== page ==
It is difficult to provide precise rules pertaining to the watering
of cacti and succulents. Cacti should not be watered during their period
of dormancy, which occurs during the winter months. During winter, keep
cacti dry, especially if kept in an environment with a fairly low temperature.
Cacti must be watered during their active periods.
Enough water should be given to soak all the soil in the
pot. Excess water should drain freely. During summer, occasional rain
showers will do no harm. Plants prefer rain to tap water. During a protracted
period of rain, however, cacti should be placed in a sheltered area.
should be free of chlorine and alkaline salts, but ordinary tap water
will suffice. Chlorinated water and hard water will leave white stains
on the cacti, which is unsightly and does block the stomata. (Pores).
Cacti and Succulents need regular feeding during their growing season
(Spring-Summer). They need a balanced range of minerals. Potassium (K)
to encourage flowers and fruit, Phosphorus (P) for good root growth, and
Nitrogen (N) for vigorous top-growth. Cacti also need other trace
elements. Any commercial houseplant fertilizer will do, but an ideal
ratio of nutrients is: 20% nitrogen, 20% potassium, 20% phosphorus, and
all of the other trace elements.All mature actively growing cacti need to be fed occasionally. It is
best to use a formula specifically designed for cactus like 7-40-6.
(Nitrogen, phosphorus, potash) Use a mixture with a low ratio of
nitrogen, as cacti can be burned by it. A commercial formula such as
miracle grow or rapid grow can be used, but should be diluted to half
strength. I have heard that "cactus juice" brand by Sudbury (1-7-6), is
highly recommended. Regular Bone Meal, available at most Garden Centers,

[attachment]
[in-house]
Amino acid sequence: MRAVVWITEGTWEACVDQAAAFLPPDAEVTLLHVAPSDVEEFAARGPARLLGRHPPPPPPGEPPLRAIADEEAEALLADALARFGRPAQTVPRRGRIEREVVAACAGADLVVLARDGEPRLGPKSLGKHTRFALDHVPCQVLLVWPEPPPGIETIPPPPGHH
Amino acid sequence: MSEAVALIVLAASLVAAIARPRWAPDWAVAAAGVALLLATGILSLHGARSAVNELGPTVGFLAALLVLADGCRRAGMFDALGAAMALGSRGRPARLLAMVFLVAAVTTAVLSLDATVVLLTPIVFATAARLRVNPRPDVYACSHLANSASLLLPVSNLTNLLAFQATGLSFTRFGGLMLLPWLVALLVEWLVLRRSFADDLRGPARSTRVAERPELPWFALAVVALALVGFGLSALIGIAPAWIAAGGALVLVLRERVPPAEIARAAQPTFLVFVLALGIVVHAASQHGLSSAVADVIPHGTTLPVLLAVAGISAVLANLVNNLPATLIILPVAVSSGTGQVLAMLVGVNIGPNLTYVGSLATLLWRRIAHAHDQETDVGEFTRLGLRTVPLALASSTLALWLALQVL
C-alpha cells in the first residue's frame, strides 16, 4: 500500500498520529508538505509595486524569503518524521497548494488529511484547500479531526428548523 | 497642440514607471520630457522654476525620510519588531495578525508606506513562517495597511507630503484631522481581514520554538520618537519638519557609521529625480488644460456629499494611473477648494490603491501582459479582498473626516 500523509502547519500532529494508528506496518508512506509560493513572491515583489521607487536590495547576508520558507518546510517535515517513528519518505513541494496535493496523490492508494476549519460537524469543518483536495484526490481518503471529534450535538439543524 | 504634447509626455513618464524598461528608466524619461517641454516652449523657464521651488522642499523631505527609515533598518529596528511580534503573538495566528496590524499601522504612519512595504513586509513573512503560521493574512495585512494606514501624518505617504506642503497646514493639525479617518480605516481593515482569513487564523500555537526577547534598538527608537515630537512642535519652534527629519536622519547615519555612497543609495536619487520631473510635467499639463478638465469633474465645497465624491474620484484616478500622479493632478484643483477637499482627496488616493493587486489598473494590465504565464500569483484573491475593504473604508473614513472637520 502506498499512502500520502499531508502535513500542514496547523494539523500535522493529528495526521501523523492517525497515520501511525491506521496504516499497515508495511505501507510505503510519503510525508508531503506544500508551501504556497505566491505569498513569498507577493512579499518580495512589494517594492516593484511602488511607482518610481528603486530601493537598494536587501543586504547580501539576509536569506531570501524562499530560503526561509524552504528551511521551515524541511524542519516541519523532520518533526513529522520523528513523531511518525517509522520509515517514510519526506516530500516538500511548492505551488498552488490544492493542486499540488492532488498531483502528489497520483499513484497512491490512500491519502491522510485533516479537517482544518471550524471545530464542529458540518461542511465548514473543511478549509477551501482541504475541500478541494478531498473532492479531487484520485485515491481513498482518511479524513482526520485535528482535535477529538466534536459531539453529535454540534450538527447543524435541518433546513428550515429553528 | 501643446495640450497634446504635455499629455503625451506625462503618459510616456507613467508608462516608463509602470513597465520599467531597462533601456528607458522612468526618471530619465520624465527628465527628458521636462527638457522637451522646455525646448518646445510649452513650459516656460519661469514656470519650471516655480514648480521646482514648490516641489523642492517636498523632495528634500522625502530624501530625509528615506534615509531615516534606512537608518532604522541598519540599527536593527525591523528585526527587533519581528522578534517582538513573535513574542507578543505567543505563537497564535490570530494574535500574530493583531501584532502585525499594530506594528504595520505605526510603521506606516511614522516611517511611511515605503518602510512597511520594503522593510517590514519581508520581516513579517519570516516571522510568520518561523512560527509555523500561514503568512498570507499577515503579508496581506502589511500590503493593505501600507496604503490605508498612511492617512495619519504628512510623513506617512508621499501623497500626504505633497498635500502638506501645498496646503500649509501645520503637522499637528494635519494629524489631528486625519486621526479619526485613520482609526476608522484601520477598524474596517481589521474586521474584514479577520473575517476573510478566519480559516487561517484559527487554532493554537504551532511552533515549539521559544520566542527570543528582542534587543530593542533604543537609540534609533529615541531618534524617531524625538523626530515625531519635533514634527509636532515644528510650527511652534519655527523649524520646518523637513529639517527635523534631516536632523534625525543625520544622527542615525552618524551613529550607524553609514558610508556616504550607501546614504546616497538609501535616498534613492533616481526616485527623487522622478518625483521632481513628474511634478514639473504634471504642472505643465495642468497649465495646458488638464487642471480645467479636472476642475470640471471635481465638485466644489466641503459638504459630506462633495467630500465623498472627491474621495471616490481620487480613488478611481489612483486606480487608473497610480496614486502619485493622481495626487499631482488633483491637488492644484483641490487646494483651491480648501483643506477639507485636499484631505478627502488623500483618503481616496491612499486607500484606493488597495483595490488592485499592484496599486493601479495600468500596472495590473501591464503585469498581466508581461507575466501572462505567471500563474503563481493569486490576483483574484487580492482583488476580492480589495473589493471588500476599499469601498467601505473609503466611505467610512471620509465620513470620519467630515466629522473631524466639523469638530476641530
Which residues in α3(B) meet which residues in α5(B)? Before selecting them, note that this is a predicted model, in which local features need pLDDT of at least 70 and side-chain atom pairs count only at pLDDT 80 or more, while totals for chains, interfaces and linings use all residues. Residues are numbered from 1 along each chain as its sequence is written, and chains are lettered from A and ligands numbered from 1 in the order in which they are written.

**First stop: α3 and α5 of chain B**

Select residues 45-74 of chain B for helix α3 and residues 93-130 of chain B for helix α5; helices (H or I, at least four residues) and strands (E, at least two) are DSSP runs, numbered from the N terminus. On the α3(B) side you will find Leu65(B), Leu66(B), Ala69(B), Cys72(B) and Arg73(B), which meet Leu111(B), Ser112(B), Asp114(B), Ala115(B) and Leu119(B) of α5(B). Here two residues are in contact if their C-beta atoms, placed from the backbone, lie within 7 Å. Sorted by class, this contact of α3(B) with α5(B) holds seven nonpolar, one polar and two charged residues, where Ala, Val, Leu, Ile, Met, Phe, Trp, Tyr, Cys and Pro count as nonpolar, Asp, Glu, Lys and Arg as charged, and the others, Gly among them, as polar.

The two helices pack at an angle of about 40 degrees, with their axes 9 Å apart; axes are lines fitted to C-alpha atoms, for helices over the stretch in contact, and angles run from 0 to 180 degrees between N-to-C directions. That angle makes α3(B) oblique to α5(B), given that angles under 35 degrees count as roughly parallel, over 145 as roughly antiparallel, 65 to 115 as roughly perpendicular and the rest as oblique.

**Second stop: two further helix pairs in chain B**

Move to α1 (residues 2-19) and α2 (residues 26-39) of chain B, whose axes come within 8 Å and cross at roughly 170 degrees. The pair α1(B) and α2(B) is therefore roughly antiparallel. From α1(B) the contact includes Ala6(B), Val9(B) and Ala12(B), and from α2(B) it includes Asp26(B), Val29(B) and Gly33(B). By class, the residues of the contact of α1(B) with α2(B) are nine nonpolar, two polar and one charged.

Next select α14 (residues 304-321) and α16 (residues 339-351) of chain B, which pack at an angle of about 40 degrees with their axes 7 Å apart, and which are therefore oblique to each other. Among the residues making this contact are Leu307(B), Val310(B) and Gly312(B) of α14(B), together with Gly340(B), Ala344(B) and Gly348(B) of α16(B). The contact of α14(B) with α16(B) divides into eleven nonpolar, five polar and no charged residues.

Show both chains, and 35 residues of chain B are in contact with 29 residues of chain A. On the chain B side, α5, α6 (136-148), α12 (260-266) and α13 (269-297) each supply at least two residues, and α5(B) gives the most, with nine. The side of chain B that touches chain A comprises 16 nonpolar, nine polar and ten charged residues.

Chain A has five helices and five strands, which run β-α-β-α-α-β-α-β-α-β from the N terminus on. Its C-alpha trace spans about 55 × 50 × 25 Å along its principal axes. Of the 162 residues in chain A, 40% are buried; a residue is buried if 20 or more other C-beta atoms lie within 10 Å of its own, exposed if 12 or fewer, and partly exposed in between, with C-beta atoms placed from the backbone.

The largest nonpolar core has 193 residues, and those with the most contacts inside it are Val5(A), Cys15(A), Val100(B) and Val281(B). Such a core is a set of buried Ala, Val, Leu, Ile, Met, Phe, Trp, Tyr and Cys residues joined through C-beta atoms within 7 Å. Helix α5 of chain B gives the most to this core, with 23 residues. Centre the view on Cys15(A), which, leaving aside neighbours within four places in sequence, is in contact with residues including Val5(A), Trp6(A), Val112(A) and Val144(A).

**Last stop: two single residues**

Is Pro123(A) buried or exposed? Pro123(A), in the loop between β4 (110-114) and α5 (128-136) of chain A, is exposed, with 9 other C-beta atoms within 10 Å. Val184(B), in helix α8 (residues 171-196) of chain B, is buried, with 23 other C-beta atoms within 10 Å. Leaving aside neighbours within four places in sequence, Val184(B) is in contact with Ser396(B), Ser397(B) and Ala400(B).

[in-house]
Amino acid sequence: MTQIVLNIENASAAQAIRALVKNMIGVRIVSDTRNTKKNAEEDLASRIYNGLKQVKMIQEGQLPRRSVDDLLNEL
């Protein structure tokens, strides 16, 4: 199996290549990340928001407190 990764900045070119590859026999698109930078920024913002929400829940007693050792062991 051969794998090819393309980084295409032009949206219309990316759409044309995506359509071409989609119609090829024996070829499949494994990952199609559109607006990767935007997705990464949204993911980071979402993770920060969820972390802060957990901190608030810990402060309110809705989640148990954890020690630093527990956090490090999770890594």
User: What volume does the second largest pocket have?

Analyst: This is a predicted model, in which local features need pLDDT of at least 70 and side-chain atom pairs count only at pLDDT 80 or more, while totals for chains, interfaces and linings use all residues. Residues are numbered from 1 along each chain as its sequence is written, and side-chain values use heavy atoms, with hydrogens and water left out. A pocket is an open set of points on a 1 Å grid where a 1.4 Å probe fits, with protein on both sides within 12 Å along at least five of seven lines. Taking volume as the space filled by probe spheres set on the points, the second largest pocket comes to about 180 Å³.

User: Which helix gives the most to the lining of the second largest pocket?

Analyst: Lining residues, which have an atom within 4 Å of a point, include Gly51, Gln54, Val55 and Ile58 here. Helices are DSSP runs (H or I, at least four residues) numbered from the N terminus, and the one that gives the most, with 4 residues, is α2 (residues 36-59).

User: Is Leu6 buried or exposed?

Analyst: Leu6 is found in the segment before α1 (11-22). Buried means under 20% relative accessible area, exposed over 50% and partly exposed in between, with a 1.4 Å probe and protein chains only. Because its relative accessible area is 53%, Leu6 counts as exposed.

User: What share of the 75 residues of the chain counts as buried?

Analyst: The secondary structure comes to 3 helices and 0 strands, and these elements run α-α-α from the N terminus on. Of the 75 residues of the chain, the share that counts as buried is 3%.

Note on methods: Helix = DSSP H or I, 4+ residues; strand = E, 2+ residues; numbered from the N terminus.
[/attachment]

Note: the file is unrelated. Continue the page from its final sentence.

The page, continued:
makes an excellent organic fertilizer. Don't forget the macro-nutrients
like Iron (Fe), Calcium (Ca), Sulfur (S), and Magnesium (Mg). Also
important are the micro-nutrients Copper (Cu), Zinc (Zn), and Manganese
(Mn). San Pedro especially, does very well indoors behind glass. A
location where the plant gets at least 4 hours a day of bright, direct
sunlight is ideal. The best possible situation would be a South facing
sliding glass door, and a reflective screen placed behind the Cactus to
redirect and concentrate the light.
Many Cacti have
beautiful and fragrant flowers, but they can be quite hard to get to
bloom. The optimal conditions to induce flowering are, a cooler
temperature (especially at night), reduced day length (12 hours or
less), and variations in nutrients (lower nitrogen levels). Try putting
your Cactus in a dark, unheated garage (not below freezing) for a few
weeks. Forcing can also be done inside, but you need a place next to
lots of glass that stays cooler than the rest of the house.
Mature cacti and succulents grow well in a warm climate at a minimum
temperature of 61F (16C). Cacti usually need direct or filtered sunlight
to perform photosynthesis. Natural light can be supplemented by an
artificial light source such as fluorescent lighting.
Cacti have adapted to survive in rocky,
sandy, or clay based soils, with limited nutrients. However, the ideal
soil or potting mixture will draining rapidly and yet retain some
moisture. Always use a gritty mixture, pumice is great, to ensure
correct drainage. Most cacti prefer a slightly acidic soil.
Equal parts commercial potting